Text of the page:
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Mysticism and modernity

· Paul VI died on 6 August 1978 ·

The following is the  translation  of an article that came out in the 29-30 June 2013 issue of the French newspaper  “la Croix” . Among other things the author has written “Paul vi, maître spirituel” (Fayard - Le Sarment) as well as “Paul vi et les orthodoxes” (Les Éditions du Cerf).

The coronation of a pope took place for the last time in the history of the Catholic Church on 30 June 1963. Paul VI, elected on 21 June, received the tiara offered to him by his Milanese faithful.  The key to reading the pontificate of Montini – well prepared for it by about 30 years of work in the Roman Curia and by the nine years spent at the helm of the largest Catholic diocese in the world, Milan – is perhaps above all to be sought in its mystical dimension.

After the example of St Augustine, his chief spiritual teacher, one notes from the writings of his youth an impetuous yearning for God, combined with exultation and wonder at what he had already been granted to discover: “Life is You, O God, suspended as a lamp radiating happiness above the shadows of our faltering experience”. For PaulVI was a mystic who possessed the language of his experiences: “As if dazzled by the sun, I close my eyes before the infinite mystery of the Most Holy Trinity, and in my heart retain only the impression of oceanic bliss”.

Love for the Church which constituted the unifying factor of his life – as he himself recognized: “it seems to me that I have lived for her and for her alone” – posited two requirements: the renewal or reform of the Church, and the personal conversion of her members. The possibility of the first requirement depends on the second. The Church’s possibility of showing herself as “Christ wishes her to be: one, holy, totally oriented to the perfection to which he called her, to attain which he endows her with the means”, would derive from  the personal commitment to following Christ and from the spiritual and moral energy that this demands.

Tw0 bastions of  Montini’s pontificate result  from the authenticity of this process of conversion, on which he expounded in his programmatic Encyclical Ecclesiam Suam. They are the dialogue with the world of life and of salvation,  and the restoration of full Christian unity.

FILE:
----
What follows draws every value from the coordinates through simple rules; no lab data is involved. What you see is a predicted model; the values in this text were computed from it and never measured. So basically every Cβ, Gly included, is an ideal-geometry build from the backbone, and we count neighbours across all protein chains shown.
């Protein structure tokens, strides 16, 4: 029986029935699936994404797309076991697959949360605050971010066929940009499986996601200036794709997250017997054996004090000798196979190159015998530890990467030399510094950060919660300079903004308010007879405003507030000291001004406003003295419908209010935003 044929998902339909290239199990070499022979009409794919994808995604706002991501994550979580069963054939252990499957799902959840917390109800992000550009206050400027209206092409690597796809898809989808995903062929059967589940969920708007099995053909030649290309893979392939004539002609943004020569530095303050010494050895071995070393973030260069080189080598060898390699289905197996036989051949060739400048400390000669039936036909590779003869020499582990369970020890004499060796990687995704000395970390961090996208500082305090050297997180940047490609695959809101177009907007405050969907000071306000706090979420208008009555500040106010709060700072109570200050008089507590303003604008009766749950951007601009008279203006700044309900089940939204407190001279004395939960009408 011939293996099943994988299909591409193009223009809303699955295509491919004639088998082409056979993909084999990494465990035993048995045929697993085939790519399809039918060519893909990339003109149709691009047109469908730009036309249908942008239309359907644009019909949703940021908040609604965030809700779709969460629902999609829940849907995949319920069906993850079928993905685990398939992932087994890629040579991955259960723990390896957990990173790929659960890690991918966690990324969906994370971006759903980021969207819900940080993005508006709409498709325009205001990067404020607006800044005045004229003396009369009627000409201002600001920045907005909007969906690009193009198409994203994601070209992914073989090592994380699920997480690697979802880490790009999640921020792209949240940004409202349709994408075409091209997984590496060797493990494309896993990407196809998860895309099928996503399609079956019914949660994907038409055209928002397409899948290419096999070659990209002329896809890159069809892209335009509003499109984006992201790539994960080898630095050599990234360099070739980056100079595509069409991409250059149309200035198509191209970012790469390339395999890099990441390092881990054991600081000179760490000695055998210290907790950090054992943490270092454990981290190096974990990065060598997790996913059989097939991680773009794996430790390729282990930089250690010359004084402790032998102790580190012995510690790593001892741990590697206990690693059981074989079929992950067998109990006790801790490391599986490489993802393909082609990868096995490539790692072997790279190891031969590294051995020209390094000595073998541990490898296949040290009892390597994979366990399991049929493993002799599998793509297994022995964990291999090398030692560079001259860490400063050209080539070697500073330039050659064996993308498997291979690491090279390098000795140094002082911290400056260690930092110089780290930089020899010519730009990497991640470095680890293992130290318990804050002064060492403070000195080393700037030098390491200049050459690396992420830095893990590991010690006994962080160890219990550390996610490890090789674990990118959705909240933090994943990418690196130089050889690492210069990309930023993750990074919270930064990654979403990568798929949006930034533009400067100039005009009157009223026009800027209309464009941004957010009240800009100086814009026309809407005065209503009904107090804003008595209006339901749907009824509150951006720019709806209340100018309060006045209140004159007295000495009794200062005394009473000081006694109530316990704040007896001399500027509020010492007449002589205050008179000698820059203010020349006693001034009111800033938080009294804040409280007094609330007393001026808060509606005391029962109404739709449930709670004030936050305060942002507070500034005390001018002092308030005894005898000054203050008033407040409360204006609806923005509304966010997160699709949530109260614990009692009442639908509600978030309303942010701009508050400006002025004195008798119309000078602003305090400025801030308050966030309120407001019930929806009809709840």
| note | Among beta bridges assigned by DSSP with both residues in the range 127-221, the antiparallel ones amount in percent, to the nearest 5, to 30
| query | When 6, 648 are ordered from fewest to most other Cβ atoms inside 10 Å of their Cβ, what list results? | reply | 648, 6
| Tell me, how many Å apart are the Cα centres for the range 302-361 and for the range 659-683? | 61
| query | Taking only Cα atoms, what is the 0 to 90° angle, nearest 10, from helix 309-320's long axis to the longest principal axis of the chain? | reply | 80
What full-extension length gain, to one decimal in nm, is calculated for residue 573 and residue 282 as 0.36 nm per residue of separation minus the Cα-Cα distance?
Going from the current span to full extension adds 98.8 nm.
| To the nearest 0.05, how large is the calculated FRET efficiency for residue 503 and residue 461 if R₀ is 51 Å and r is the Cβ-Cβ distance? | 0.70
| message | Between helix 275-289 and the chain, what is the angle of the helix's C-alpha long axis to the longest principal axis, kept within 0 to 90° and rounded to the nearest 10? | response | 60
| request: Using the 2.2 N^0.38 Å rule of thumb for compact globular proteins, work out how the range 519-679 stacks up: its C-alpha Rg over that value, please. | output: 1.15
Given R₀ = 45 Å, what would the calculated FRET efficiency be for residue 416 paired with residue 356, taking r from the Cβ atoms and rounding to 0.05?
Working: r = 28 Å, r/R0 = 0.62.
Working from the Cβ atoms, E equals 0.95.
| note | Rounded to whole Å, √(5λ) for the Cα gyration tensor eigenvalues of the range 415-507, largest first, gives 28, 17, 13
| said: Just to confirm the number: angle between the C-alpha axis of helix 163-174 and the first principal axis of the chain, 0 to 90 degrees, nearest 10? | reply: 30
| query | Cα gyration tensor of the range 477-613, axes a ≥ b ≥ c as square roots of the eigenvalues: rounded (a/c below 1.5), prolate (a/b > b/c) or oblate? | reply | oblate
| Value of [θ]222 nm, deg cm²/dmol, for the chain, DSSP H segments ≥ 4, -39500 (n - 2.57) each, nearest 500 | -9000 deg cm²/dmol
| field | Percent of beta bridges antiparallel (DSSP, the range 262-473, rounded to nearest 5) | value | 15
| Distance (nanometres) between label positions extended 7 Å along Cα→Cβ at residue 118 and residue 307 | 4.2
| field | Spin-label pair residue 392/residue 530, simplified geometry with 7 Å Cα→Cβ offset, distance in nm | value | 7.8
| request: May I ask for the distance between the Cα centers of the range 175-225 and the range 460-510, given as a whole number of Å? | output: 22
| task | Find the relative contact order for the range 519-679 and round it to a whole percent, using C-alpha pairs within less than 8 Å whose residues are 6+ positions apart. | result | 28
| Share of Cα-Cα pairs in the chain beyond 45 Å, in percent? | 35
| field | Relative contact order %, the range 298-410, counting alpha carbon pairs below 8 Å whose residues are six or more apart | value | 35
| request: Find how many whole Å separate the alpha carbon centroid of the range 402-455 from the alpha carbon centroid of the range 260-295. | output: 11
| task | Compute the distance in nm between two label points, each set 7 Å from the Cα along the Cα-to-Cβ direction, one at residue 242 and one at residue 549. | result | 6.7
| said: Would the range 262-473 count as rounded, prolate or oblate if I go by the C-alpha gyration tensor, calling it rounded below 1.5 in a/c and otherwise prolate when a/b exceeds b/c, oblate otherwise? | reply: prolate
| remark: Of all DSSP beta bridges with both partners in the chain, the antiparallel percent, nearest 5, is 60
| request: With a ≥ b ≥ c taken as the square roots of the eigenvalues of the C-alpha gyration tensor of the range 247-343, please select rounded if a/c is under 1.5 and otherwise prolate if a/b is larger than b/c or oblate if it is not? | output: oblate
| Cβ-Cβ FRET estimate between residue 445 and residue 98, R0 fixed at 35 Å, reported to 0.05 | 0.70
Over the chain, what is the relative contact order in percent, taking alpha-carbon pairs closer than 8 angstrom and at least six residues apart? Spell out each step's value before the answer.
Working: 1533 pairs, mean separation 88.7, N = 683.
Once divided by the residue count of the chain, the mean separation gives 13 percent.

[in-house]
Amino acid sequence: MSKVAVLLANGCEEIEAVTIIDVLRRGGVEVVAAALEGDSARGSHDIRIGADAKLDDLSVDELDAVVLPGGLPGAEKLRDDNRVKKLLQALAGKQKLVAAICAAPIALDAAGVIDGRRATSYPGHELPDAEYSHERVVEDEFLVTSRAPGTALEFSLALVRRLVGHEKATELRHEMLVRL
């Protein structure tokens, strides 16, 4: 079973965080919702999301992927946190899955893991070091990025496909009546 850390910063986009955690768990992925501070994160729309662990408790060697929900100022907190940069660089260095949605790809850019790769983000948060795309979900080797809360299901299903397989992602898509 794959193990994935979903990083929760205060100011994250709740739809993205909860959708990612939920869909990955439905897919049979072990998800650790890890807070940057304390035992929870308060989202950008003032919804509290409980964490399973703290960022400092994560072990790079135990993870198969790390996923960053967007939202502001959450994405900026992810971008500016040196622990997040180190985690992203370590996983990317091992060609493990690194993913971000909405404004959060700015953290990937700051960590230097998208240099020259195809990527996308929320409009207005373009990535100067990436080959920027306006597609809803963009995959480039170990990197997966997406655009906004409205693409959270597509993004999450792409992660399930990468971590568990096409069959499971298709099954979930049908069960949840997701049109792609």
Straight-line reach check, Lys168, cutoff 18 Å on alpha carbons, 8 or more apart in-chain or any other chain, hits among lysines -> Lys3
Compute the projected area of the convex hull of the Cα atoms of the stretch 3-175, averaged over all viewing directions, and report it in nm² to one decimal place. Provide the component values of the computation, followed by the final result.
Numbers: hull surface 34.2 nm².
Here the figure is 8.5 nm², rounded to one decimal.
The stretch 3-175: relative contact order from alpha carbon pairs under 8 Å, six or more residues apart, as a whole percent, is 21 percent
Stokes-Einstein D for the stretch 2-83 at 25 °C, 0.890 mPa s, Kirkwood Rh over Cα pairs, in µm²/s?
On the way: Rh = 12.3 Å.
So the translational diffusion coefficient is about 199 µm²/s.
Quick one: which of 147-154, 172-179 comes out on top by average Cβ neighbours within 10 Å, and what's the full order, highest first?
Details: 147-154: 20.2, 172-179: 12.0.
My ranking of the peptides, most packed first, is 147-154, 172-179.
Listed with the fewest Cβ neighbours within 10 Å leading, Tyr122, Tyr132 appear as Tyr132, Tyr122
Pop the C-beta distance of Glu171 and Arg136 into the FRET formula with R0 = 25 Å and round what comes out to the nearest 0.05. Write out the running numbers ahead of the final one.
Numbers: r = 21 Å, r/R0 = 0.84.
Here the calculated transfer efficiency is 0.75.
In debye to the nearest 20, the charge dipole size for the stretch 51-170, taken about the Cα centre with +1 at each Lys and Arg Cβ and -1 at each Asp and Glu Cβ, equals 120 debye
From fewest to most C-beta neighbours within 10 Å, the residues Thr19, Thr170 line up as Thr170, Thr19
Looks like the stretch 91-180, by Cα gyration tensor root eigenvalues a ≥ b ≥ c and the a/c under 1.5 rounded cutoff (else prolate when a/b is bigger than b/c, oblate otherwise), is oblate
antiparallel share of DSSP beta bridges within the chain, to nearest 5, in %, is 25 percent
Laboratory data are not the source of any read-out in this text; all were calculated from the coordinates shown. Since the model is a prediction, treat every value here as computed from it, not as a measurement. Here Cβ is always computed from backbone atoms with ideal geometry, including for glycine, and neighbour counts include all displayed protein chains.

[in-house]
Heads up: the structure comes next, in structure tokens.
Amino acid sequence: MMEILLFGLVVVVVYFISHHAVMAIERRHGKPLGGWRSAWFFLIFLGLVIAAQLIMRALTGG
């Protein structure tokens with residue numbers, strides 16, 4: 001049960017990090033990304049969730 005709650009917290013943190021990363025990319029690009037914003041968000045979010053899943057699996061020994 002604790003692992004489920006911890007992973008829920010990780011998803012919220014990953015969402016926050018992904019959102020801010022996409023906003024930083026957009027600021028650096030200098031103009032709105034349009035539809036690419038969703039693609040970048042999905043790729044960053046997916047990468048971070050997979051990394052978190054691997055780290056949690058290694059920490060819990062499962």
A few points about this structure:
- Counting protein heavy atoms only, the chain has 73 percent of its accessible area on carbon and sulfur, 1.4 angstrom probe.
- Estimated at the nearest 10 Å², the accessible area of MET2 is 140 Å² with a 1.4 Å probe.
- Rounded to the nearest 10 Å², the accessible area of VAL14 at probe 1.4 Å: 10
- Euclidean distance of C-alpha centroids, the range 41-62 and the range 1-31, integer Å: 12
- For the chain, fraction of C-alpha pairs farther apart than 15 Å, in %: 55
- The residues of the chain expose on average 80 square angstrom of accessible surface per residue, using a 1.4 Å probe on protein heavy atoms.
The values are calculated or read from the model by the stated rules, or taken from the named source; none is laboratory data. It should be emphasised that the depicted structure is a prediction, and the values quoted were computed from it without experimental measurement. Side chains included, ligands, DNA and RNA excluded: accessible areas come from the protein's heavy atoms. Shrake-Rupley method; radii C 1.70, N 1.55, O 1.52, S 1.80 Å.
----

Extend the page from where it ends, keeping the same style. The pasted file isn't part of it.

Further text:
For Paul VI a Church which lives  her mystery more deeply, in the very  impulse of the love that unites her with her Lord, can give herself to the world to put it vitally in touch with the Gospel. “The Church must enter into dialogue with the world in which she lives. Let the Church become a word; let her become a message; the Church should make herself conversation”. Although errors must be reported the Church is marked by a current of affection and admiration for the modern world. In this link of trust, evangelization, enlivened by total fidelity to Christ, can be received by the contemporary mind set. In fact “no one is a foreigner in the heart of the Church. No one is indifferent to her ministry”.

In this movement of inner renewal which makes the Church a more readable sign of God’s  presence and action, Paul VI has a keen sense of the need for the unity of Christ’s disciples. His pontificate was entirely and especially engaged in the search for full communion with the Orthodox Churches. His friendship with Patriarch Athenagoras constituted one of the most luminous traits of his Roman ministry. While a secret and official commission composed of two Catholics and two Orthodox had just concluded their report, in 1971, affirming  that a concelebration between Paul vi and Athenagoras was possible,  the pope wrote to the patriarch that: “already almost full communion exist[s] between our Church and the venerated Orthodox Churches. Over the last few years the Spirit has enabled us to recapture an intense awareness of this fact and to translate the demands of that communion into action in the life of our Churches and their relationship. At the same time the Spirit inspired us with the firm will to do all that is possible to hasten the much desired day when at the end of a concelebrated Mass we can communicate together from the same chalice of the Lord” ( L’Osservatore Romano English edition, 18 March 1971, p. 3).

Purification of the Church and of her members, spiritual tension in evangelization, humility and dialogue with the world, a new ecclesiological approach – the ecclesiology of the Sister Churches – which makes it possible to envisage full communion between the Church of the West and the Churches of the East: aren’t these major poles of Montini’s pontificate echoed in the words and approaches of Pope Francis? Their fecundity largely depends on the engagement of all in a truly spiritual process in which the primacy given to accepting God’s will allows decisions to be made that are daring because they are open to the breath of the Spirit. For example is it unrealistic to think that the Orthodox Churches might agree to accept Rome as a centre of unity, and that Rome, drawing inspiration from the first millennium, might actually set in place a differentiated and modified form of this ministry of unity? Paul VI’s intuitions are still truly up to date.

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